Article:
Featured Research

from universities, journals, and other organizations

Research on team loyalty yields new insight into 'die-hard' fandom

Date:
September 9, 2010
Source:
University of Illinois at Urbana-Champaign
Summary:
There's a reason why some sports fans are referred to as "die-hards" -- even after they move away, their loyalty to their hometown team endures, according to new research.

There's a reason why some sports fans are referred to as "die-hards" -- even after they move away, their loyalty to their hometown team endures, according to research by two University of Illinois professors.

Related Articles


Scott Tainsky and Monika Stodolska, professors of recreation, sport and tourism, say new residents of a community maintain an attachment to their old team or former city as a way of asserting their identity after they move.

"People new to a city don't just adopt their new hometown's team as a way to acclimate themselves in a new community," Tainsky said. "For new residents, sports is not that tool to stand around the water cooler and start the assimilation process -- at least not right away, and possibly never for some. They see it more as a way to assert their loyalty to their old hometown team, or the city they identify with. That leads us to conclude that the team or city someone identifies with is a relationship that endures."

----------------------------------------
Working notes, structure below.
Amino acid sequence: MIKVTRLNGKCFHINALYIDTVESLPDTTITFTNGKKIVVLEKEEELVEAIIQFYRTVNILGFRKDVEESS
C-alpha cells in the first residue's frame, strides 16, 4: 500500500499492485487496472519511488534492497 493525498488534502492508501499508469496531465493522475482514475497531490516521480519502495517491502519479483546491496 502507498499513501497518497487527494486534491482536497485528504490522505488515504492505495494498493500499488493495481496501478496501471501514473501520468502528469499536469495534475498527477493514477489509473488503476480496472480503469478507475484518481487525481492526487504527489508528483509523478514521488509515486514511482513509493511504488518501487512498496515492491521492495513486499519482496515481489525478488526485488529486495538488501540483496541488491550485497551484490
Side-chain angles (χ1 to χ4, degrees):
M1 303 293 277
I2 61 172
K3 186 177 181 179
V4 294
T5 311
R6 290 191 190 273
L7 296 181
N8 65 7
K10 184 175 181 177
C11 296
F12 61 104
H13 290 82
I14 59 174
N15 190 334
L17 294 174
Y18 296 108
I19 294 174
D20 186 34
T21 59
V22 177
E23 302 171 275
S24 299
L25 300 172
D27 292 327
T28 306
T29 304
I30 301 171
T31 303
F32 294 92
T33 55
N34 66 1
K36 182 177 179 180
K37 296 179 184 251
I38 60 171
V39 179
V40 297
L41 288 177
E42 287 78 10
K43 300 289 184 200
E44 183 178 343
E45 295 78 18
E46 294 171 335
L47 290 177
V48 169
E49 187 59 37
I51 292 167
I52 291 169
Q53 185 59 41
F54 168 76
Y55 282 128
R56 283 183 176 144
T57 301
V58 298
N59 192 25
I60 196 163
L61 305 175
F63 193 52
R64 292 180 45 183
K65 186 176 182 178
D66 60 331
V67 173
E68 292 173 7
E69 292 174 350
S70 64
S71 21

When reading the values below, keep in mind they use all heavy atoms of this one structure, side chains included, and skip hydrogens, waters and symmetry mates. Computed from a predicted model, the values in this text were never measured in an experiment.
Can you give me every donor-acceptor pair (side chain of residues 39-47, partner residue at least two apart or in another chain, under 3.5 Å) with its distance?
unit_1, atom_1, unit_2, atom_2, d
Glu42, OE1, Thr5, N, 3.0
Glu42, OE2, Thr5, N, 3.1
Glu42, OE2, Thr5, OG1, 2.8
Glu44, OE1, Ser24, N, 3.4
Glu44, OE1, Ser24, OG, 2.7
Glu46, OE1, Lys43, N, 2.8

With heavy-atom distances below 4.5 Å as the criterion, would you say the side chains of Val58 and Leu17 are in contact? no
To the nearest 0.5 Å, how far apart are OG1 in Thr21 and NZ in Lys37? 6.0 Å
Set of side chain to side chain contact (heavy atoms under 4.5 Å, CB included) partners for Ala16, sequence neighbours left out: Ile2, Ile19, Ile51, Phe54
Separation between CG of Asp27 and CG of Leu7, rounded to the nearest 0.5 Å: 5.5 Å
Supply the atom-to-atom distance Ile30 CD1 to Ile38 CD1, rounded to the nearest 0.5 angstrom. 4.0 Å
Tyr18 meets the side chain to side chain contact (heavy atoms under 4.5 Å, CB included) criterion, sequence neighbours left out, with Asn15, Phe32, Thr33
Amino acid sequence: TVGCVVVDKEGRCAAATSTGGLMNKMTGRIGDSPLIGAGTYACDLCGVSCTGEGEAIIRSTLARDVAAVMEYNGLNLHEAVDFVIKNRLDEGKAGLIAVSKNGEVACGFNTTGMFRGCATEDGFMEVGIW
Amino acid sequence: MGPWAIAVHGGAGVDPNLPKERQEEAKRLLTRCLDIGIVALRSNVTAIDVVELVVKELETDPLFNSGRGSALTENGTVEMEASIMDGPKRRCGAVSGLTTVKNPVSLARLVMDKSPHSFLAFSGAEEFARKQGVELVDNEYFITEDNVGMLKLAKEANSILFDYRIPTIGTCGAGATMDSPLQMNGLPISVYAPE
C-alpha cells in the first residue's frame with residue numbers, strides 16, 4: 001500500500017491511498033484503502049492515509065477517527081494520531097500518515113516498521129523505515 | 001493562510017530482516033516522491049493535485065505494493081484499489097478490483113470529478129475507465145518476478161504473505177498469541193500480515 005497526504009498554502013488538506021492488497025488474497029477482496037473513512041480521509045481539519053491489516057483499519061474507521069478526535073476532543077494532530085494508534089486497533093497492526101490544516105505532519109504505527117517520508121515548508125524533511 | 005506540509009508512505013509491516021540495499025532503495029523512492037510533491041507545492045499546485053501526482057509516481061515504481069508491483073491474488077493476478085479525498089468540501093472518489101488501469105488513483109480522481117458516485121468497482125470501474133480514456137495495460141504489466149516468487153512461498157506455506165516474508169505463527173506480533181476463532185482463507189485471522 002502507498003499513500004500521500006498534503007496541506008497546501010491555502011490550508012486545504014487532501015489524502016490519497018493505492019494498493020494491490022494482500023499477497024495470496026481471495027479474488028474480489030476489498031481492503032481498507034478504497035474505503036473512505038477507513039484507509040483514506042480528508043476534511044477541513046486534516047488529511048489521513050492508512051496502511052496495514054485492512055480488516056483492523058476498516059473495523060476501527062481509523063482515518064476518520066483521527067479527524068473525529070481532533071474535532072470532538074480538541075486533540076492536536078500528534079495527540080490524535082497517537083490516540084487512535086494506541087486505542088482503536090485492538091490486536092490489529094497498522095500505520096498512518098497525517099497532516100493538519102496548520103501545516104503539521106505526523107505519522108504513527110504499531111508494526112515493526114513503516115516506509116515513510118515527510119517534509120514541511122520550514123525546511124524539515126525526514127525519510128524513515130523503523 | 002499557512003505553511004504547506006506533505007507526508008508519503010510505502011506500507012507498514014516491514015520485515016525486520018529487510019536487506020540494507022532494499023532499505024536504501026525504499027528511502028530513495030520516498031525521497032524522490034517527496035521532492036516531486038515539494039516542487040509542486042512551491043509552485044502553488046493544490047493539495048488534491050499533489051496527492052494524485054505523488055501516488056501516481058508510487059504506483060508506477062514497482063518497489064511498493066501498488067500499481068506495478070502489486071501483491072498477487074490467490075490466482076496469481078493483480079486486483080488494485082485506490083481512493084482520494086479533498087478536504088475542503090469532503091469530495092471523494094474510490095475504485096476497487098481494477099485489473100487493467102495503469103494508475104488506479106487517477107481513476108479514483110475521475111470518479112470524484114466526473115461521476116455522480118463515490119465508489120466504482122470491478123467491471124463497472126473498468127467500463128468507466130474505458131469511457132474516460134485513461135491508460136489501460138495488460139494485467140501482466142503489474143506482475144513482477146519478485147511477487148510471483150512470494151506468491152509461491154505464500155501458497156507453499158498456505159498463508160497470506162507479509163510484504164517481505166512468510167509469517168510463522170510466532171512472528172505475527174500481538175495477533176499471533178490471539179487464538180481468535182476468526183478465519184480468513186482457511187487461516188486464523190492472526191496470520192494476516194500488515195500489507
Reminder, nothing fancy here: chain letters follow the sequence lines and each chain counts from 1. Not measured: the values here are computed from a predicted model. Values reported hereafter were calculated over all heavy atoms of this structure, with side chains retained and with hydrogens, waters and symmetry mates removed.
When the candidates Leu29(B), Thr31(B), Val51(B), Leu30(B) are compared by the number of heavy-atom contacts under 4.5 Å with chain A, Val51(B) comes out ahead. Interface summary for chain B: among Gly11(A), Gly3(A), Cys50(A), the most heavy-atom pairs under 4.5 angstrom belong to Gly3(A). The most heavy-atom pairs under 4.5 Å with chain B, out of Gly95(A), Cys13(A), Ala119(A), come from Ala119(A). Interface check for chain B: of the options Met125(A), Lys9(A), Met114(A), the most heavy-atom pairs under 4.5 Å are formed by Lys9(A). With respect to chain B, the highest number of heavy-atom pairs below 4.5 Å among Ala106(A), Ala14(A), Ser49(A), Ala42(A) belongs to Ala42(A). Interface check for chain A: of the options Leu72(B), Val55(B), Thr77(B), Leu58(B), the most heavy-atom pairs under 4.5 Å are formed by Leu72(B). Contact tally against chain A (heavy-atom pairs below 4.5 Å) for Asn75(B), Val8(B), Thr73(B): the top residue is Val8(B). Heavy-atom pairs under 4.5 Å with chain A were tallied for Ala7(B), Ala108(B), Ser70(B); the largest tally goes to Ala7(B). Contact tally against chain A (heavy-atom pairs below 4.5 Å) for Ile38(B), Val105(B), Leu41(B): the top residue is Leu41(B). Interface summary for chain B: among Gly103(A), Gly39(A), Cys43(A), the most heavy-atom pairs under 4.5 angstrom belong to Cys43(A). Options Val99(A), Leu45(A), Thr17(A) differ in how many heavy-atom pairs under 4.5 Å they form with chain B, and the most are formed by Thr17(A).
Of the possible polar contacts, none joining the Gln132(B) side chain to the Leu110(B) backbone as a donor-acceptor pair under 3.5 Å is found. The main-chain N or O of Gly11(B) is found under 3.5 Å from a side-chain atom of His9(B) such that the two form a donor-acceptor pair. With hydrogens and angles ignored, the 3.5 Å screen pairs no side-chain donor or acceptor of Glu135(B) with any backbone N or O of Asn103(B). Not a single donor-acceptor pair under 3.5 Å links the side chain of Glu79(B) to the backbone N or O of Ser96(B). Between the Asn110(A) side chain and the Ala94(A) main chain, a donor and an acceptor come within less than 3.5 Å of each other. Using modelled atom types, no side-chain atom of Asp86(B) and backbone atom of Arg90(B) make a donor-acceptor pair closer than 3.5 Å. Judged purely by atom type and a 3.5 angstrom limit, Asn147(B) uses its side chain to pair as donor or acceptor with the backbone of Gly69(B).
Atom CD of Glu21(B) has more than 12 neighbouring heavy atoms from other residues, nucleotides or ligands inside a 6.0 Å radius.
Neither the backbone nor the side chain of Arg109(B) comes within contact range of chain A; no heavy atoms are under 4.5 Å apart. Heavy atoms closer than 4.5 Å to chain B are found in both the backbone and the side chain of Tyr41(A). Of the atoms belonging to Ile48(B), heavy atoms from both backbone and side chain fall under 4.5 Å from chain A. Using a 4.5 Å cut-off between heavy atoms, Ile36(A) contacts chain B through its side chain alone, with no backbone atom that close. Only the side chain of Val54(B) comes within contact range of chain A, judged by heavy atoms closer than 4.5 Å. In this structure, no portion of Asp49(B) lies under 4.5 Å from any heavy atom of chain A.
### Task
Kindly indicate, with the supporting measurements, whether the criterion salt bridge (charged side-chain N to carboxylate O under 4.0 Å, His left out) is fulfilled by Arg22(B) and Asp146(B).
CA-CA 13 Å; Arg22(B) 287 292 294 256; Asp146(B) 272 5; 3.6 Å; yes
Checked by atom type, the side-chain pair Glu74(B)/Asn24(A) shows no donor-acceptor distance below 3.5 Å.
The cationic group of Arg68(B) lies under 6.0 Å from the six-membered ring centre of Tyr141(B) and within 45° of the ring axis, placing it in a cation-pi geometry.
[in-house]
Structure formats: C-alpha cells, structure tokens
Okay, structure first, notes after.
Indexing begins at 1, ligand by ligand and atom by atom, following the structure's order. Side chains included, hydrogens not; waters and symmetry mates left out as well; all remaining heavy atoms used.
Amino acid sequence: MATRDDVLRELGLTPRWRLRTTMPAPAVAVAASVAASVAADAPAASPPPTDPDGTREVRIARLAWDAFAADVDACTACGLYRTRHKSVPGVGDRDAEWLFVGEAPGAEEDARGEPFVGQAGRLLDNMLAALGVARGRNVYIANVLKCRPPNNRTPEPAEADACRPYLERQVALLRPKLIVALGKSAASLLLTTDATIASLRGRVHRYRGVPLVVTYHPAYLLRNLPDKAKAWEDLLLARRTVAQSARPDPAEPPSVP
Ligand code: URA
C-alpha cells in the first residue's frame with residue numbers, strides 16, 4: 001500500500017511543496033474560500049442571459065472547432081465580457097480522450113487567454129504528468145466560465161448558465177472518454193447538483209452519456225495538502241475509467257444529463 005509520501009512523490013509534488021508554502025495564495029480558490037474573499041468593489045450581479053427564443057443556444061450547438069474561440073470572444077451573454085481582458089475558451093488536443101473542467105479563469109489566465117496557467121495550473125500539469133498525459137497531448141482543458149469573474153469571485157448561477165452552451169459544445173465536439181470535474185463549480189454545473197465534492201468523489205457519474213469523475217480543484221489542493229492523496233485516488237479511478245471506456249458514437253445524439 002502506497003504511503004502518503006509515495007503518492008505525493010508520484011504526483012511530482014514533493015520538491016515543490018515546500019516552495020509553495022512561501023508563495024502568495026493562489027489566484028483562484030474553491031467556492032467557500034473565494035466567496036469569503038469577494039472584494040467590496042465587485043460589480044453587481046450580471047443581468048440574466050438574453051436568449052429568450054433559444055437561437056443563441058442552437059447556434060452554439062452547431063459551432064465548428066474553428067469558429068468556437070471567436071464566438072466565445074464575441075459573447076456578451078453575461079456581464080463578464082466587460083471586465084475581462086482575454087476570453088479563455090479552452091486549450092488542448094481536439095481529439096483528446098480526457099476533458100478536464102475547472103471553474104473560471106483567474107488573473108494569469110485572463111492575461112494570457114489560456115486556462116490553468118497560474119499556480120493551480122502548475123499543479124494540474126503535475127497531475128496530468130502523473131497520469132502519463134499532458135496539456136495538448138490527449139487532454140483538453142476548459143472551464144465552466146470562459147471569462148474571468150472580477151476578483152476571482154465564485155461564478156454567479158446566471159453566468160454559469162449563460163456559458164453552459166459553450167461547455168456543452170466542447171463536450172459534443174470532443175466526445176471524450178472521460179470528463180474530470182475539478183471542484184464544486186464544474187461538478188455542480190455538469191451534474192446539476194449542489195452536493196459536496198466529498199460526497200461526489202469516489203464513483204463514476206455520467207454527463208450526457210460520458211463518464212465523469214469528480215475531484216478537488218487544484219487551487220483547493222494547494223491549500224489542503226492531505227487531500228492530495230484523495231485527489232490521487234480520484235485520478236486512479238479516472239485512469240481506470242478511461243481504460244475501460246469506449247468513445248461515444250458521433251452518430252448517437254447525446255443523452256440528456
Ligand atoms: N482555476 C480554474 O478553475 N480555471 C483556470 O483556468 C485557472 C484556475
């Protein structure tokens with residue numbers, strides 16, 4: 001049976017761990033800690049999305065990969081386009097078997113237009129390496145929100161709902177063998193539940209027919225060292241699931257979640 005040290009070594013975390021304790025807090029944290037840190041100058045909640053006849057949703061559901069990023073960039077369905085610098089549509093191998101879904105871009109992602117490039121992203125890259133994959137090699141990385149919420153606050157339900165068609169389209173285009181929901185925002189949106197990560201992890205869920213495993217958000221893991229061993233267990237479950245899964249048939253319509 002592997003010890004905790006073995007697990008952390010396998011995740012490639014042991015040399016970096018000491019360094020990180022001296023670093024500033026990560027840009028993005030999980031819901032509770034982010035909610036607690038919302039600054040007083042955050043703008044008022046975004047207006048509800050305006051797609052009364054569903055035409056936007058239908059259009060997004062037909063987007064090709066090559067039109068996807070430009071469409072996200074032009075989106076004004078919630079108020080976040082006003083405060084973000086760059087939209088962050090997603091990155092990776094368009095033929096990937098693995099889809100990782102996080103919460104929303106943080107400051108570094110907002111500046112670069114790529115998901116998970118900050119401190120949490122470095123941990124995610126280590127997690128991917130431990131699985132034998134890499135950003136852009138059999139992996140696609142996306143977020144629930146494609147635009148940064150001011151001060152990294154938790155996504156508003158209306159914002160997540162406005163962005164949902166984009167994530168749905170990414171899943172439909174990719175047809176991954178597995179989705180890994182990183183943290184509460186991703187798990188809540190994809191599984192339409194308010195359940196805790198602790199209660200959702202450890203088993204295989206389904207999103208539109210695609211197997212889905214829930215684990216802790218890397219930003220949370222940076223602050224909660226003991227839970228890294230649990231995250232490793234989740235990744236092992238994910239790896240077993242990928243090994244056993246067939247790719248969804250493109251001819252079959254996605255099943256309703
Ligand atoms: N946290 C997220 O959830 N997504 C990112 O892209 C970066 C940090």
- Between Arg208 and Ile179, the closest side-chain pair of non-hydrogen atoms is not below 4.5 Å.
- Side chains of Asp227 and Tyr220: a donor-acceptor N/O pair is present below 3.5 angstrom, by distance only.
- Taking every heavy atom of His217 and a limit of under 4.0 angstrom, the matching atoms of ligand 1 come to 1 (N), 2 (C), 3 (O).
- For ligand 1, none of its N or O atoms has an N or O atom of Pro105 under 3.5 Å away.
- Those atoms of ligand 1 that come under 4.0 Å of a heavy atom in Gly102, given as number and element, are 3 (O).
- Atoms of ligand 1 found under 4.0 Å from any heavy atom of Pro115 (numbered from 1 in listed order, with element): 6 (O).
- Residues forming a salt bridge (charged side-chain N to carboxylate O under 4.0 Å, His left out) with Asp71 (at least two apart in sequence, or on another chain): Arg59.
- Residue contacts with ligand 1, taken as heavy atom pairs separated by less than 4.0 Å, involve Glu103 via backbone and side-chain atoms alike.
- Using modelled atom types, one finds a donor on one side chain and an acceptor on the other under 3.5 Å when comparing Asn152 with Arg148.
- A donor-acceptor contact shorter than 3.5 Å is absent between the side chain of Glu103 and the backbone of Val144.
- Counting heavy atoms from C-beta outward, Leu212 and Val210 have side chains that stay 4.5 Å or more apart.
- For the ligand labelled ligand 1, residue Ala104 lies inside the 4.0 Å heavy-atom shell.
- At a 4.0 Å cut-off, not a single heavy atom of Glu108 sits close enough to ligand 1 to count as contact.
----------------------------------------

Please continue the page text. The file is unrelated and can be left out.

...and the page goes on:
The study, published in Social Science Quarterly, looks at the stability of fan identification among individuals who relocate, and whether that identification represents an actual bond between fan, team or city. The researchers found that new population inflow, regardless of whether it's domestic transplants moving to a new city or international immigrants moving to the U.S., was not associated with an increase in television ratings for NFL broadcasts in the new city.

"I think we tend to think of groups of fans as static groups," Tainsky said.